unnecessary power.  And in fact, a class C amplifier can be used to amplify
any constant envelope signal including CW.

If we are going to talk engineering and design here, let us talk in the
technically correct terms.  If a linearized amplifier with about 7%
efficiency is not capable of amplifying an FM signal then how did Lucent
ever sell thousands of their Linear Amplifier Cabinets (LACs) over the last
12 years or so?  In fact, the funny thing about that linearized amplifier is
that it was really designed with only analog FM in mind (digital was not
really around when the LAC was first designed).  For CDMA signals it doesn't
have the ability to properly handle the high peak to average ratio of a CDMA
carrier.  The PA has to be derated by up to 3 dB depending on which model it
is.  And adding multiple CDMA carriers is even worse.  Again, it was
designed to handle analog FM signals and it is not a class C amplifier.

> Another thing to set straight.
> Back in the days of  Mayor Armstrong, the inventor of FM radio, he proved
> mathematically that for narrow band FM,  if you make the occupied bandwidth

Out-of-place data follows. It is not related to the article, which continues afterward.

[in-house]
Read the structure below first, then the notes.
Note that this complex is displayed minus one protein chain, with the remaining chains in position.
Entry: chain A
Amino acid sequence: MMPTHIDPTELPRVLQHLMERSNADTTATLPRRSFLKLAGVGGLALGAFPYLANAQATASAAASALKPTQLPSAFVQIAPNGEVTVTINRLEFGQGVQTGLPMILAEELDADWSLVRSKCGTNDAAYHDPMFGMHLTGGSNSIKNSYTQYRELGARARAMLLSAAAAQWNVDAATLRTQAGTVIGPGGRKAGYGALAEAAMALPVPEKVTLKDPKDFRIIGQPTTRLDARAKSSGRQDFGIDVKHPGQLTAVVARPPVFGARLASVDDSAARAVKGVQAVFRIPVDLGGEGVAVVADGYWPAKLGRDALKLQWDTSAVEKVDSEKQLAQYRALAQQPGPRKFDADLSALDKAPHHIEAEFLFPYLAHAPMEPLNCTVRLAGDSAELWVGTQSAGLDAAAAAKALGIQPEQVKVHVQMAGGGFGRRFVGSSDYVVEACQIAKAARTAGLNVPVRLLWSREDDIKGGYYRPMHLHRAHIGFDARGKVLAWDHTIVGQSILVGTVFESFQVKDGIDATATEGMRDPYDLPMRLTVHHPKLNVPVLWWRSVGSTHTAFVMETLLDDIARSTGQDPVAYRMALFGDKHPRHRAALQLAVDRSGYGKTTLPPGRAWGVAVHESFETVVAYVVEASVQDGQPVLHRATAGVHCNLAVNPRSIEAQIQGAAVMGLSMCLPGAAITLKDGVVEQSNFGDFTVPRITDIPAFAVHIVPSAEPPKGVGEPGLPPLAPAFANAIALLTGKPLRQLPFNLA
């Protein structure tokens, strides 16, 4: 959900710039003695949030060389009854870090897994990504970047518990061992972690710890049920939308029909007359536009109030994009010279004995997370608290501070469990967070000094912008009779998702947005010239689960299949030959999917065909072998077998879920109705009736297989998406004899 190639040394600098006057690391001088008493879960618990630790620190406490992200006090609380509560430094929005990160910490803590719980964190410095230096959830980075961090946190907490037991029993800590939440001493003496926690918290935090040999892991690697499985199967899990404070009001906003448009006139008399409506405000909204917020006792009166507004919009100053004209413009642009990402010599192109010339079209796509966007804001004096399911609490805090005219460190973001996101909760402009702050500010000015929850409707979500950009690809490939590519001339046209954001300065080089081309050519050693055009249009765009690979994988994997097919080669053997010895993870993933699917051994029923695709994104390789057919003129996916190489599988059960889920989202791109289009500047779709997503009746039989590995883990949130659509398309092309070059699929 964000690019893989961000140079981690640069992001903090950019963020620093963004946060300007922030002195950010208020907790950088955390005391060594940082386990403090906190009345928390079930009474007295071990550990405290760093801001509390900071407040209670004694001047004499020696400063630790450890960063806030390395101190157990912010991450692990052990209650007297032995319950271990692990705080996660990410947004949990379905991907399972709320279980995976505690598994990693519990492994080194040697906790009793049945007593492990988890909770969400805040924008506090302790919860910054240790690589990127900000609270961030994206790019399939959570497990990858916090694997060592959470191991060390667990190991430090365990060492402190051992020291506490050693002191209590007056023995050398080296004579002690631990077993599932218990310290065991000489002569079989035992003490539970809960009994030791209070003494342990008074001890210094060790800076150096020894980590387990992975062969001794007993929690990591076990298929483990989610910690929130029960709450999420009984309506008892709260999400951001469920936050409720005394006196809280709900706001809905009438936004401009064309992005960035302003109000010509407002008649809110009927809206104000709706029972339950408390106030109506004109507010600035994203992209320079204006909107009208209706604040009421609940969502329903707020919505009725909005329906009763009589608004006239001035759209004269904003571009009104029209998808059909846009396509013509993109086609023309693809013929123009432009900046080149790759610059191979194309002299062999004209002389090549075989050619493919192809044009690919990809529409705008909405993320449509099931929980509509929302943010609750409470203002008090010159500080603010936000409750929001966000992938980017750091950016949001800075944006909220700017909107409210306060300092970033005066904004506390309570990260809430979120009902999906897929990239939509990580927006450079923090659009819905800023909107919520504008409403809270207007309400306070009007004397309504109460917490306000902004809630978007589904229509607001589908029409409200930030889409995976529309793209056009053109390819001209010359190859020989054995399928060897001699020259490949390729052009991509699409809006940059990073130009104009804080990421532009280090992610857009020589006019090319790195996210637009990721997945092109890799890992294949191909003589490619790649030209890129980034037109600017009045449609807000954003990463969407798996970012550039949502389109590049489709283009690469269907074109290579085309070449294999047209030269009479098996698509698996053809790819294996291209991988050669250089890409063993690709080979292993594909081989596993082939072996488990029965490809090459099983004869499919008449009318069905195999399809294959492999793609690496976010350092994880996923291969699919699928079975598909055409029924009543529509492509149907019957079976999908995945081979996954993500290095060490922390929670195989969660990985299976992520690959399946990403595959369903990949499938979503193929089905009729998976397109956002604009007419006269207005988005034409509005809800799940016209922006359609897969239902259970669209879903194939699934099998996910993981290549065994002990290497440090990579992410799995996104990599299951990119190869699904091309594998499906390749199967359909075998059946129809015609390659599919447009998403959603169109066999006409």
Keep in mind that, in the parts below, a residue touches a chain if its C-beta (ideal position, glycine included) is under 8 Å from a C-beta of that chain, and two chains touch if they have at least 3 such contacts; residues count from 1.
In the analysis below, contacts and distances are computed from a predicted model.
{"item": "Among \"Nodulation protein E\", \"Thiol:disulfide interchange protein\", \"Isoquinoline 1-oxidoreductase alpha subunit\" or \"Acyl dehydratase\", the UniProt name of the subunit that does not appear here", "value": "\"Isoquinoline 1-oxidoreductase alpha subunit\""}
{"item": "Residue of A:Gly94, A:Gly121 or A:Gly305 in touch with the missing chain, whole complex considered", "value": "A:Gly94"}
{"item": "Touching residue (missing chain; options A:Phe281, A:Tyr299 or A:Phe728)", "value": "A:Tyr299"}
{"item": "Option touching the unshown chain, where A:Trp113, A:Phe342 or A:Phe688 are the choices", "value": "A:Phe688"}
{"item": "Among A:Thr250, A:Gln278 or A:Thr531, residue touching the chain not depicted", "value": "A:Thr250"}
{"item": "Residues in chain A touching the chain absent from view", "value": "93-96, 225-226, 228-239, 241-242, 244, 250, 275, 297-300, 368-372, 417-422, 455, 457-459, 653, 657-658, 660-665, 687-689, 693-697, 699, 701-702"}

> the same, FM will talk practically as far as AM. The noise power is the same
> for both cases.

OK.  Now we get to my original point and you proved me correct.  Thank you.
My point was that in a standard ham radio set up that an FM channel has a
bandwidth of approximately 25 KHz.  AM or SSB signals use narrow bandwidth
(typically).  So the power is effectively concentrated over a narrow
bandwidth.  In a standard FM signal it is spread out farther.  You've got
say 50 Watts spread out over 2 KHz or 50 Watts over 25 KHz.  This is why you
typically have farther propagation with an AM or SSB signal.

But you are correct, if you narrow the bandwidth of an FM signal you will
get the same noise power and pretty much the same propagation distance.  But
that is IF you narrow the bandwidth.  However, as you narrow the occupied
bandwidth of your FM signal you begin to lose audio fidelity and I would bet
by the time you take it down to 6 KHz or less that an AM signal would give
better fidelity.  That's an unqualified guess, I'll admit, but I know that
most people who are looking at making land mobile FM radios with a 6.25 KHz